Iran (IP) - The Hara forests, covering a vast area in southern Iran, are a key biodiversity site in the Persian Gulf.

Iran PressIran news: The core area of the reserve is a marine zone. The major topographic features of the region include a wetland with a series of small islands (mud hills), mangrove forests, tidal marshes, and shallow coves. 

Hara or mangrove forests are among the unique natural attractions on the southern coast of Iran. The floating forests spread over an area of 7,500 hectares, a green strip on the northwestern coasts of Qeshm. 

 

 

Hara or mangrove forests are in southern Iran

Geographical location

The mangrove forests of Qeshm or Hara forests are among the wonders of Qeshm Island, located in the Strait of Khavaran, between Qeshm Island and Hormuzgan Province, in the south of Iran. These forests are not specific to Qeshm Island, as they also extend to the Port of  Pohl, Hormuz Island, and Khamir Port. Covering an area of about 2,400 hectares, the Hara Forest of Qeshm is the largest forest among Iran's 8 Hara forests. The Hara forests constitute a national protected area and an international lagoon, registered as UNESCO biosphere reserves.

Wildlife of Hara forests

Mangrove forests are unique wetland ecosystems that are established directly in the intertidal zone. Mangrove forests of southern Iran mainly consist of Avicennia marina, a species that was named after the great Iranian scientist, Avicennia (or Abu-Ali Sina).

The Hara tree, Avicenna marina, grows to heights of three to eight meters and has bright green leaves and twigs. The tree is a salt-water plant that is often submerged at high tide. It usually blossoms and bears fruit from mid-July to August, with yellow flowers and sweet almond-like fruit. The seeds fall into the water, where wave action takes them to more stationary parts of the sea. The Hara seeds become fixed in the soil layers of the sea and grow.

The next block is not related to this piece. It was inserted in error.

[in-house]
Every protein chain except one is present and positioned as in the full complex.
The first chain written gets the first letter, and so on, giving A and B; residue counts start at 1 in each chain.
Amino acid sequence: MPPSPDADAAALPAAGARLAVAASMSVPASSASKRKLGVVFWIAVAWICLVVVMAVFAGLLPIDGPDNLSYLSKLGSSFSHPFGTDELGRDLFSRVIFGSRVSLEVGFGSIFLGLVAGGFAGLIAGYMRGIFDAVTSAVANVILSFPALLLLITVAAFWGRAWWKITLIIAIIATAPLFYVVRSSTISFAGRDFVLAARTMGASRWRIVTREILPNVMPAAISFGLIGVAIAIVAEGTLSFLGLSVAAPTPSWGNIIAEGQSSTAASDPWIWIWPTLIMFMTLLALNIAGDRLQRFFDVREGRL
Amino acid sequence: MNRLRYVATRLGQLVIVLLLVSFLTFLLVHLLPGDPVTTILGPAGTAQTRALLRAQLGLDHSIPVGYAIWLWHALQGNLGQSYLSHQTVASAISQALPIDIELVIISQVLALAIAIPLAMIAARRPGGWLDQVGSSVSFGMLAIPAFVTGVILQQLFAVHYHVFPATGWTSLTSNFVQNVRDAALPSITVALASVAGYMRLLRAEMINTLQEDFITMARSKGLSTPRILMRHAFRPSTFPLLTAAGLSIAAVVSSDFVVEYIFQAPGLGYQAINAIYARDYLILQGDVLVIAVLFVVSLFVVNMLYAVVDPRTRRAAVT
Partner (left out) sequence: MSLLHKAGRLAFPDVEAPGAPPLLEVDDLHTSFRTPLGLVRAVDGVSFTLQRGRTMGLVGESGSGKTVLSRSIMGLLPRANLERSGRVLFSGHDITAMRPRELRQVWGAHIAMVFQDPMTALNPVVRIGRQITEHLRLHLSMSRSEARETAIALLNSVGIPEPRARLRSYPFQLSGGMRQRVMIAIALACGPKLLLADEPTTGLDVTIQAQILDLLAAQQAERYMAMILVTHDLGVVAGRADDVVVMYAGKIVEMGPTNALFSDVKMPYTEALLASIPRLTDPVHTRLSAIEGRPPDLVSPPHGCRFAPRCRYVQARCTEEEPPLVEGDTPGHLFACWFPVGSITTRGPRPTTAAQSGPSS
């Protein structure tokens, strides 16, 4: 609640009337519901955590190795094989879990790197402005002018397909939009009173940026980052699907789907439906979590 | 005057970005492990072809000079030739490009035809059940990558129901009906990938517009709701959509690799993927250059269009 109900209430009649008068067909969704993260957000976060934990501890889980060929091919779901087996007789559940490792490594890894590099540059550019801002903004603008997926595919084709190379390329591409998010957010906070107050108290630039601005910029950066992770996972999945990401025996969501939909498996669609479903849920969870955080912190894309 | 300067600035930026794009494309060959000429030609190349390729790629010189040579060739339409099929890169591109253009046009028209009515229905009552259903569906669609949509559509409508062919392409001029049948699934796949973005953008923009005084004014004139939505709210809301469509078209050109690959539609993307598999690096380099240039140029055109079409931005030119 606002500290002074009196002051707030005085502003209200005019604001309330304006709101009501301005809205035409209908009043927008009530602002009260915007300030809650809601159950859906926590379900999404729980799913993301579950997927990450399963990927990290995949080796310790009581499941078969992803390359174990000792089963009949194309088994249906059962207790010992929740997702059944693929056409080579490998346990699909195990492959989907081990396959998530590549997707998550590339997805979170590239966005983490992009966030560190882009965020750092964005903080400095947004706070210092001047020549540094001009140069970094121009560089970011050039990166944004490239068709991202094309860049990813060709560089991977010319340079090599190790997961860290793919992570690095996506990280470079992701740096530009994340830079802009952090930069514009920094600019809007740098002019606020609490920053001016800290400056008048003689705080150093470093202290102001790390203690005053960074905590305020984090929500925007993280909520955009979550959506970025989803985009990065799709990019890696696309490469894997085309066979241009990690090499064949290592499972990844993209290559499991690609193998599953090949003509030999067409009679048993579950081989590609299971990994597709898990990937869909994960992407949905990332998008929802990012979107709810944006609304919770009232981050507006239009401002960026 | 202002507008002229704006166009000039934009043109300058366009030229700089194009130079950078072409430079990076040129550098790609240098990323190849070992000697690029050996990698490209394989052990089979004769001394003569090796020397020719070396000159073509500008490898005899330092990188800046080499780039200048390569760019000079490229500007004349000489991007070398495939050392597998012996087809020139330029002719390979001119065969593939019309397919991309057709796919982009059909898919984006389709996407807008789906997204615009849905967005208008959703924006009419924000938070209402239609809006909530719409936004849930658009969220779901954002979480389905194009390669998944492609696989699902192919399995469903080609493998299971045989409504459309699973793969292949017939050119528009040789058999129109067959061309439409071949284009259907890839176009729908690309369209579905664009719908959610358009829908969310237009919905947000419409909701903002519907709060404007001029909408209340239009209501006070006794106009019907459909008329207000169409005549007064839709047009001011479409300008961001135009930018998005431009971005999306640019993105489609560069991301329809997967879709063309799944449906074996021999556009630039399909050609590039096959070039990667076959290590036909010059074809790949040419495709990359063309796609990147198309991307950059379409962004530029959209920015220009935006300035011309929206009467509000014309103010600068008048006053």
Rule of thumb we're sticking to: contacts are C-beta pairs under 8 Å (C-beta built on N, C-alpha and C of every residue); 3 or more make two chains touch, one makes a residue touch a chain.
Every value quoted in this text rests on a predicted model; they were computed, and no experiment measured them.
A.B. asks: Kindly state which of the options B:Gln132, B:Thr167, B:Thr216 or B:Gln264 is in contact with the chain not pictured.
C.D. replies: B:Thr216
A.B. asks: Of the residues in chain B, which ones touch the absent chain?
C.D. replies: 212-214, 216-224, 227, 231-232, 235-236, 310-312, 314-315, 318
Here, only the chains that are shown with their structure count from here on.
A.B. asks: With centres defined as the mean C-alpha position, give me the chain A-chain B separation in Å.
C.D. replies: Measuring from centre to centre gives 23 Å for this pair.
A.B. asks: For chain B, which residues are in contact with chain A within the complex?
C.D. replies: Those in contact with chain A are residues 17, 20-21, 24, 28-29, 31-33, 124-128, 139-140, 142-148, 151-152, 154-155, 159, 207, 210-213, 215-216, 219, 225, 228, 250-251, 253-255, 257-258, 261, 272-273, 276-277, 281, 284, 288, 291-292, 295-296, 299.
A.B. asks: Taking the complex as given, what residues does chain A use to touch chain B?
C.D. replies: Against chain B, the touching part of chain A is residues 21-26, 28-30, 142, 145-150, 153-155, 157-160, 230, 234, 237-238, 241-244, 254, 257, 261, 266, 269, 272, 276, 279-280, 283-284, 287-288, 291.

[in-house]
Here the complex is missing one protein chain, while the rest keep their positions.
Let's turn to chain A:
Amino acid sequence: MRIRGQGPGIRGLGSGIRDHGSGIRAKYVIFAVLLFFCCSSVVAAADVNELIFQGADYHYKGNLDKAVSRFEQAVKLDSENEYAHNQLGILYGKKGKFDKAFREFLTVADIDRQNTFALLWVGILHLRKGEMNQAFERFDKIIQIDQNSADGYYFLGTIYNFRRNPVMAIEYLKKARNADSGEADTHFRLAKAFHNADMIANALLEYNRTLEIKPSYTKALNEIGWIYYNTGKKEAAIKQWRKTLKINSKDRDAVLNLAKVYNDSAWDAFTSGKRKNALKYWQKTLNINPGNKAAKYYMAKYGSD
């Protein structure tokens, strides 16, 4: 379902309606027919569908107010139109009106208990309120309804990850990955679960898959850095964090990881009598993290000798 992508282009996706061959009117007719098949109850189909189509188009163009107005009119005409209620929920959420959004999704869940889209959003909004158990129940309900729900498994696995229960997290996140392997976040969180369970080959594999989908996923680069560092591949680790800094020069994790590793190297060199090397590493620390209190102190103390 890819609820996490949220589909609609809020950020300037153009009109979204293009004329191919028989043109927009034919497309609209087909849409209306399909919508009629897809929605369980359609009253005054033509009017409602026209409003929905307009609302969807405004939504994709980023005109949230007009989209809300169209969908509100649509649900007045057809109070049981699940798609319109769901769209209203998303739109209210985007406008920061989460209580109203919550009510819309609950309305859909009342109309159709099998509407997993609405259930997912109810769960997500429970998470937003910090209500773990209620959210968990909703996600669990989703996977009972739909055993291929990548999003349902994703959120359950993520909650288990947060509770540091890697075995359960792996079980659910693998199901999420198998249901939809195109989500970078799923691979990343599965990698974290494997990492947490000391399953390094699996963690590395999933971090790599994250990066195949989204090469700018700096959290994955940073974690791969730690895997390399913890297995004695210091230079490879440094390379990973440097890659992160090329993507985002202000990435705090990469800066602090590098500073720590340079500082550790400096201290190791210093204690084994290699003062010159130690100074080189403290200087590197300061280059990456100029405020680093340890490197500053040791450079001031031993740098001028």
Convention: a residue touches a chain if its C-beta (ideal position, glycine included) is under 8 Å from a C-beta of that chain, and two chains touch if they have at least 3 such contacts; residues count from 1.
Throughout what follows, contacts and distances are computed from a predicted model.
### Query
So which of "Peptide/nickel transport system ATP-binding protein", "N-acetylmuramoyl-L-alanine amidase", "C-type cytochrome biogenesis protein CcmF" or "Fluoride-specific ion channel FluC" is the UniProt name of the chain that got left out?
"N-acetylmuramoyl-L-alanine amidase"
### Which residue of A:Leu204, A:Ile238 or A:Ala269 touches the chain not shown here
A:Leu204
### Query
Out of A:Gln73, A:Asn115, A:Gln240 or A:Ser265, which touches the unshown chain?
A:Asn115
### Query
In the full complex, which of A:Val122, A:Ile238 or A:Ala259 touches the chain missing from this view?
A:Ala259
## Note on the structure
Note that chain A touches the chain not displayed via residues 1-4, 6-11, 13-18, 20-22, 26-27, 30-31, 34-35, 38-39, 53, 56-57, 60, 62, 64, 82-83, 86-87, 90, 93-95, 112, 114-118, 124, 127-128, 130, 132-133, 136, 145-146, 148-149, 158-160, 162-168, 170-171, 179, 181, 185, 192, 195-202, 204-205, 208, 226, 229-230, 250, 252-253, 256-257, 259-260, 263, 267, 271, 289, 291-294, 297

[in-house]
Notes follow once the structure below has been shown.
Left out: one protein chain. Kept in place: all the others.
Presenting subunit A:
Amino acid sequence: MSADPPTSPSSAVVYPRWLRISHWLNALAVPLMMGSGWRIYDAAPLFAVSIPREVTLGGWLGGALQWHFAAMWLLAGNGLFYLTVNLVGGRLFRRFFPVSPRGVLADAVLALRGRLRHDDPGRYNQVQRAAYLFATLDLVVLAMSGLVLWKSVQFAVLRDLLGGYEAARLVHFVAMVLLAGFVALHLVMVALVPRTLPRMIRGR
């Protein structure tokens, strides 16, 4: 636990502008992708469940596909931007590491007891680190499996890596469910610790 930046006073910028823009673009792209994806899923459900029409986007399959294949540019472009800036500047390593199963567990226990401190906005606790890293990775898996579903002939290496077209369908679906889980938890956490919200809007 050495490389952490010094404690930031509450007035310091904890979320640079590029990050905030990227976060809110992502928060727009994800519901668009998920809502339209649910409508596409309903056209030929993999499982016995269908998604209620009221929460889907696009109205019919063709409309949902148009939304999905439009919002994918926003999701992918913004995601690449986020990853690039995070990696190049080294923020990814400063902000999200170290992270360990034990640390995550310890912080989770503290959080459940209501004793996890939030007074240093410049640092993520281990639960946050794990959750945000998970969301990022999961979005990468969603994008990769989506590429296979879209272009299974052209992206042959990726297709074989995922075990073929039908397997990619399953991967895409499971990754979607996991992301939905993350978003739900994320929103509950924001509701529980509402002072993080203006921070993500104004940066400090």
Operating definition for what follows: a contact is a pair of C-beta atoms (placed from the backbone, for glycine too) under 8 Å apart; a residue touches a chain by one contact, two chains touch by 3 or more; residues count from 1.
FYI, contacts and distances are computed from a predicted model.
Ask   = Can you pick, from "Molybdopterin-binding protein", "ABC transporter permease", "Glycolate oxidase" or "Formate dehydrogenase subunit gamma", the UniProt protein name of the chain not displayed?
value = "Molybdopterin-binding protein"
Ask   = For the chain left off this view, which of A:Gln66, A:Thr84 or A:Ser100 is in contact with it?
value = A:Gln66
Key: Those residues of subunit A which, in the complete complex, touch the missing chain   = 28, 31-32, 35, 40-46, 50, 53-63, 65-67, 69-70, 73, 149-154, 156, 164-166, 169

Hara forests are of great value to indigenous ecosytem 

 

The Harra forest is a mangrove forest that is only found in coastal areas in tropical regions. At high tide, the tree coverage may only be seen above the water level (salt water), while the rest of the tree parts are underneath the water. undefined Only at low tide, one can see the trunk and aerial roots of mangroves.

Hara forests make stunning scenery 

 

Mangrove forests can easily grow in salt water. Mangroves may have been flowering plants that were pushed to their limits due to a lack of capacity in competing with other terrestrial plants. undefined They have then adapted to the difficult conditions of the intertidal zone, which has formed this unique ecosystem.

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Hara Forests' wildlife

Sea snakes take advantage of Hara aqueous habitats for feeding, breeding, and subsistence. A species of Xerophilous snake (Echiscarinatu) in the region is found on the northern coast of the region, and the critically endangered Hawksbill sea turtle (Eretmochelys imbricata) is found in the coastal waters of the reserve.

Hara offers a great biosphere for various wildlife

Studies show that nearly 20 percent of bird species in Iran live on Qeshm Island in different seasons of the year. 19 indigenous species and 76 migrant species, as well as three species of slender-billed curlew, sociable lapwing and dalmatian pelican which have been registered in the IUCN Red List, live permanently or in specific seasons on the island.

Hara forests are protected by environmental conventions

 

Hara Forest, also known as Qeshm's Green Gold, is the habitat of trees that are rooted in water. Hara forests with 22,000 km of vastness are located on the shores of the Persian Gulf and the Gulf of Oman. This forest is one of the rare natural phenomena in the world. The trees of this forest are green throughout the year and reach 3 to 6 meters in length.

 

The lifespan of the Mangrove forest is 30 to 40 million years. For many years, the trees have been submerged in the sea, and they emerge from the water after the onset of the tide. This is the secret of the charm of this forest. These trees survive easily in brackish water because they do not absorb salt from the water and use freshwater; in other words, they act like a desalination plants. Mangroves are always green.

 

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